Private insurers are required to reimburse for telehealthcare, but providers should be aware of payers’ rules surrounding reimbursement as they vary from one payer to another.

4. HIPAA Requirements

The HIPAA Privacy Rule, Security Rule, and all Administrative Simplification rules apply to “covered entities.” Covered entities include health plans, healthcare clearinghouses, and health care providers. Any of these entities that participate in a telemedicine practice must abide by HIPAA regulations.

5. Compliance Documentation for Providers

Telemedicine is regulated at the state level. While compliance requirements aren’t different for telemedicine, how your practice documents its compliance for telemedicine services might be. So, it’s recommended that practitioners maintain a defined scope for telehealth and understand its impact on your compliance stance.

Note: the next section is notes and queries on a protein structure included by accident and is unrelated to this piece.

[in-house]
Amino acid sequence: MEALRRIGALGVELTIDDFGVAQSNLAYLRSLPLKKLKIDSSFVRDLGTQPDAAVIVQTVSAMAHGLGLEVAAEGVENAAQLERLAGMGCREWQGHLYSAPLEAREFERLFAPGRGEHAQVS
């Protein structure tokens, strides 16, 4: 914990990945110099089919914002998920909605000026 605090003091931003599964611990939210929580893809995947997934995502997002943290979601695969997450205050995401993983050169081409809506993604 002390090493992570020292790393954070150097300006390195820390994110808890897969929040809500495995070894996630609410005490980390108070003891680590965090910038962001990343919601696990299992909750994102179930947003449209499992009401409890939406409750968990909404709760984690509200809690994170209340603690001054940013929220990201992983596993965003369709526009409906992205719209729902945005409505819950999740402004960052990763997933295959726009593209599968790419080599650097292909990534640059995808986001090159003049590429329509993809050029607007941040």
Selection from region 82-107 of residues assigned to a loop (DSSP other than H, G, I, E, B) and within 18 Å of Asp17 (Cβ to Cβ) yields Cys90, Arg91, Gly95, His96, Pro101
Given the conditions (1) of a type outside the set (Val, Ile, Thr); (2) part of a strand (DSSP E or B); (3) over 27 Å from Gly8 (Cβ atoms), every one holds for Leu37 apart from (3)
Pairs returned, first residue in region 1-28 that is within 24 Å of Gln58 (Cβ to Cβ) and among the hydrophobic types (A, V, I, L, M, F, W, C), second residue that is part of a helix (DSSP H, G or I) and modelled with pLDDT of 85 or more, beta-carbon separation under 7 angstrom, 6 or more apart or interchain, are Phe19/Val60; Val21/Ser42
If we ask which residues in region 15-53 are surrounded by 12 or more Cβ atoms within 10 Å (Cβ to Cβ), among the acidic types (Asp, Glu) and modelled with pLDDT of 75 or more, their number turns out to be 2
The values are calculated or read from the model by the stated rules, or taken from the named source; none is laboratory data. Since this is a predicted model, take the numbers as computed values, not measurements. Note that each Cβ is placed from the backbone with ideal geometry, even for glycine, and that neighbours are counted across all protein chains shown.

6. Malpractice Insurance 

In general, a malpractice insurance policy covers telemedicine care. Some insurance carriers, however, have policy language that dictates the amount of care that’s required before a patient can receive telemedicine care, and whether or not care can be given across state lines. 

How can you assure that your telemedicine practice is safe and secure?

To assure that telehealth medical care is safe and secure, practitioners must implement risk-management protocols to assess their risk and mitigate as much potential risk as possible. Furthermore, practitioners are required to uphold the same standards of care and scope of services that they’re authorized to administer in a traditional setting.